Bottle Jacks vs. Scissor Jacks - Page 2 - Fiberglass RV


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Old 12-28-2010, 05:44 PM   #15
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Originally Posted by Frederick L. Simson View Post
You have a 19' Bigfoot whose tow hitch is 16" (off the ground?)

I agree with Gene in that a 10 ton (20,000 pound) jack is overkill. I happen to have a tiny little 2 ton (4,000 pound) bottle jack that came with my Fiber Stream. It is adequate for me because my trailer weighs 3,100 pounds fully loaded.

..... think about what parameters you need to meet for the job, such as:
  1. Weight Capacity. I suggest a 4 ton (8,000 pound) jack for your trailer. Possibly lighter to carry and push under the flat than a 10 ton unit.
Thanks Ferderick,

Prior to adding a back porch for my generator, I weighed my trailer (fully loaded).

Here are the results.

UnHooked WT: 3720 LBS
Hooked WT: 3200 LBS
Tongue WT: 520 LBS

The generator (with gas) and back porch probably add 150 lbs to the trailer wieght.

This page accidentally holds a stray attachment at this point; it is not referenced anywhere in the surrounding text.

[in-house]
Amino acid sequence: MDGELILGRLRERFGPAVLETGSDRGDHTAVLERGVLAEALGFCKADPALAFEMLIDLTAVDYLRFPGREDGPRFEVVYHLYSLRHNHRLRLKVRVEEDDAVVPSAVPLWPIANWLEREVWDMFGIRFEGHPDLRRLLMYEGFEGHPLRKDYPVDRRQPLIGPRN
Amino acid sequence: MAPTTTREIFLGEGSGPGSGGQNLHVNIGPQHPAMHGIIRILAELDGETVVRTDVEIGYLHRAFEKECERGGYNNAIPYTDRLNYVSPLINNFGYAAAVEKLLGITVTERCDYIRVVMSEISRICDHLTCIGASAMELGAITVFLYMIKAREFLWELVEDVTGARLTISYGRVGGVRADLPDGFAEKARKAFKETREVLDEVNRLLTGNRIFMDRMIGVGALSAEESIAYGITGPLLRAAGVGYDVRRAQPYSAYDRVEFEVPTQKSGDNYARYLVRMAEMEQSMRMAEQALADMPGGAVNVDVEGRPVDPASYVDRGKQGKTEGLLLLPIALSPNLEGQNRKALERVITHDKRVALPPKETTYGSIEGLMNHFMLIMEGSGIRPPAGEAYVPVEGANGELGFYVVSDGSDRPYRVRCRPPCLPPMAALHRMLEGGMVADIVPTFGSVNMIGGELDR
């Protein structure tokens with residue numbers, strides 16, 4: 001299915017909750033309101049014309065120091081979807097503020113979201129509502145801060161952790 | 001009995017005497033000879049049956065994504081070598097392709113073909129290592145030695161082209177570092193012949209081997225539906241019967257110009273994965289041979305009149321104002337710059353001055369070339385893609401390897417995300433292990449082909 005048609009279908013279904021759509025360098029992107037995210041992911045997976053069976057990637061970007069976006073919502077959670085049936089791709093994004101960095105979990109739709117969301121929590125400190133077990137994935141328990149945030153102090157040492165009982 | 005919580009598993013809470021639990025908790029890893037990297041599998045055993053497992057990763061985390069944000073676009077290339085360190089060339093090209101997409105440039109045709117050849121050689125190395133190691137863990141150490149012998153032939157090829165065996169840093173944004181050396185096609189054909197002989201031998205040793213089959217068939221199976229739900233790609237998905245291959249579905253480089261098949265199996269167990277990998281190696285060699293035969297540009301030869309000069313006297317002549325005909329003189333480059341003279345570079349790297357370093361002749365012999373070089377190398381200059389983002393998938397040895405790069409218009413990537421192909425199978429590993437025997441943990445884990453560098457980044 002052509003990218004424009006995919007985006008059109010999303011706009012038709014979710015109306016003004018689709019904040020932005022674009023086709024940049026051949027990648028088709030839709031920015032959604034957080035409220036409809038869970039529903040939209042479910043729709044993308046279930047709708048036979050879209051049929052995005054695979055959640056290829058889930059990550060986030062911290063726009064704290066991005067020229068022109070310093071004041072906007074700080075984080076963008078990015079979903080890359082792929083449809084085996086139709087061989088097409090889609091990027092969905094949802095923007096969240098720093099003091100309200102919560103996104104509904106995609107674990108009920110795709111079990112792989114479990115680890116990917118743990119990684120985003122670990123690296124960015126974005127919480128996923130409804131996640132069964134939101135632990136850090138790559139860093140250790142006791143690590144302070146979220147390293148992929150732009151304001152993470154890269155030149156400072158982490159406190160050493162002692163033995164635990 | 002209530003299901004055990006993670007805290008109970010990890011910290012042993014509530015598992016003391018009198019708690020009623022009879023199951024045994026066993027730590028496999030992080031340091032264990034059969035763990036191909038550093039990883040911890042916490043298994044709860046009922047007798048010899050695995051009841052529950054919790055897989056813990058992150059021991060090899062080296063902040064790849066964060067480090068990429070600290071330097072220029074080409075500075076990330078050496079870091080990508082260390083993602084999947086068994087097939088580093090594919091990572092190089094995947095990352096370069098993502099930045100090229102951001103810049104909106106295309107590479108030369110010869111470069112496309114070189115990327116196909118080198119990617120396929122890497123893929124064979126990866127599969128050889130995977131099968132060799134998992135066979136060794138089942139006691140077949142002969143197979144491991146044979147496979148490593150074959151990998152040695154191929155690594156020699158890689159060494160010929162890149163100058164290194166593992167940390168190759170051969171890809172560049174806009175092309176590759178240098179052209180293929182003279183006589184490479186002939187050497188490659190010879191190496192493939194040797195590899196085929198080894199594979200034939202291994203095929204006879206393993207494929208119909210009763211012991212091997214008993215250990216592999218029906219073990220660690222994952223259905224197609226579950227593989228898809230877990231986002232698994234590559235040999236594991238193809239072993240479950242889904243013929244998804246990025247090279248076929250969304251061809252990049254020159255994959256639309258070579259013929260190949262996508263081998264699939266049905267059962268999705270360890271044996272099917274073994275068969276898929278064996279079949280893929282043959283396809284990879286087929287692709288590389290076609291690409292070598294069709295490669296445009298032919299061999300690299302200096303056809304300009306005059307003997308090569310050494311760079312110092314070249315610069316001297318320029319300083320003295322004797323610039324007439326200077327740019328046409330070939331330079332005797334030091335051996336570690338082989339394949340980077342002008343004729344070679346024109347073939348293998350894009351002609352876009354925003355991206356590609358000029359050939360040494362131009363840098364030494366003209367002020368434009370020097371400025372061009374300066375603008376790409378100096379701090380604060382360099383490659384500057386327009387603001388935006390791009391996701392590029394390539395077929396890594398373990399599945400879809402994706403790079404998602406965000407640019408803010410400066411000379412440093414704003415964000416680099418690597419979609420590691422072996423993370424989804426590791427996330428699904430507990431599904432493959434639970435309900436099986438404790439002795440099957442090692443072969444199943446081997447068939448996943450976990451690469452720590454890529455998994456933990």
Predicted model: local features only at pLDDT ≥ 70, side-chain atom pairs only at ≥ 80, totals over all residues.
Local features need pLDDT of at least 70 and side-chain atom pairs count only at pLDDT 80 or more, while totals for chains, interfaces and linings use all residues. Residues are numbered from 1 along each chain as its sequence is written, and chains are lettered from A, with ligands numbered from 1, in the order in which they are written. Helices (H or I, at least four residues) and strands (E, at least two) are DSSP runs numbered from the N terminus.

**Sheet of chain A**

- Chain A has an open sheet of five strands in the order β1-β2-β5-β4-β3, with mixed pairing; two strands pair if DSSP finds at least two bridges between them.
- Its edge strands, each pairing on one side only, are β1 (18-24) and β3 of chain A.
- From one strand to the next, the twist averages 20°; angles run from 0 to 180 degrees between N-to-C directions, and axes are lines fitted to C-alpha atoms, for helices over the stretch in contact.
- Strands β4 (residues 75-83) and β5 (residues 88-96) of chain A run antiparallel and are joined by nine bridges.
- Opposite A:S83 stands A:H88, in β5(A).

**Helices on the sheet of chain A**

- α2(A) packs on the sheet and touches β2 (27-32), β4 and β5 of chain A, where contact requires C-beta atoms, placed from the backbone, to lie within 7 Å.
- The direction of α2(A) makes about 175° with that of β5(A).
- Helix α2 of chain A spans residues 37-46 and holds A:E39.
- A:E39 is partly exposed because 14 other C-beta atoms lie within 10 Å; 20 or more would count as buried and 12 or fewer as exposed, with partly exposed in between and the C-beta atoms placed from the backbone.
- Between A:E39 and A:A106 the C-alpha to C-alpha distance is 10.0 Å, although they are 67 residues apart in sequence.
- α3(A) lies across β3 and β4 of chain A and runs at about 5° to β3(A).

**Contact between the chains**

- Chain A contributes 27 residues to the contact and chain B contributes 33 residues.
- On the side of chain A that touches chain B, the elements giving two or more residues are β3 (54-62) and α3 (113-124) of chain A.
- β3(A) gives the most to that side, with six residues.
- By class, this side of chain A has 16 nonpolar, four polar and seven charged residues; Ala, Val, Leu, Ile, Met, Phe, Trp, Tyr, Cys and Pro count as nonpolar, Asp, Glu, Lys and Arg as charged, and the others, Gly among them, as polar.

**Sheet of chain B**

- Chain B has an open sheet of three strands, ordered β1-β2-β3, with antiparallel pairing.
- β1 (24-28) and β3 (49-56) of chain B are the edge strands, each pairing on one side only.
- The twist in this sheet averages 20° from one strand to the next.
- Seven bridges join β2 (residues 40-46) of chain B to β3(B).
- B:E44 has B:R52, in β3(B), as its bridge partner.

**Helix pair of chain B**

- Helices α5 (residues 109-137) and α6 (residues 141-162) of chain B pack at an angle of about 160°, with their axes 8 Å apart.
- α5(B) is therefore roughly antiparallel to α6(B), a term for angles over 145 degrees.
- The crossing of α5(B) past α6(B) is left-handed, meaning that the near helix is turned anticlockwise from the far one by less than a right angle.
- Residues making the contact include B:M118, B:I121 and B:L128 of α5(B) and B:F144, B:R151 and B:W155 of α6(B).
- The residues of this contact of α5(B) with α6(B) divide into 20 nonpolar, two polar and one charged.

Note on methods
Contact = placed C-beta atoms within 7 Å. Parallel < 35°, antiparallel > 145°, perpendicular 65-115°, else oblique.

Given this info, do you still recommend I get an 4 ton Jack?

Thanks again.
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Old 12-28-2010, 06:52 PM   #16
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Question How much of a risk taker are you?

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Originally Posted by Jane P. View Post
Given this info, do you still recommend I get an 4 ton Jack?
A low risk is to operate any equipment you have within the range of 50% to 75% of it's rated capacity. Medium risk is to operate in the range of 75% to 100%. High risk is to operate from 100% to 125%. Most testing procedures I have been involved in require a jack or crane or elevator to perform at 125% of rated capacity for a finite amount of time (10 or more minutes) without degradation.

If I make a recommendation, it will always be for being able to operate at the lowest possible risk within reasonable limitations.

While I do have a 2-ton bottle jack, every time I have had a flat I have actually used something considerably lighter: My Good Sam's Emergency Road Service Card. No risk at all...
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Old 12-28-2010, 07:04 PM   #17
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Originally Posted by Frederick L. Simson View Post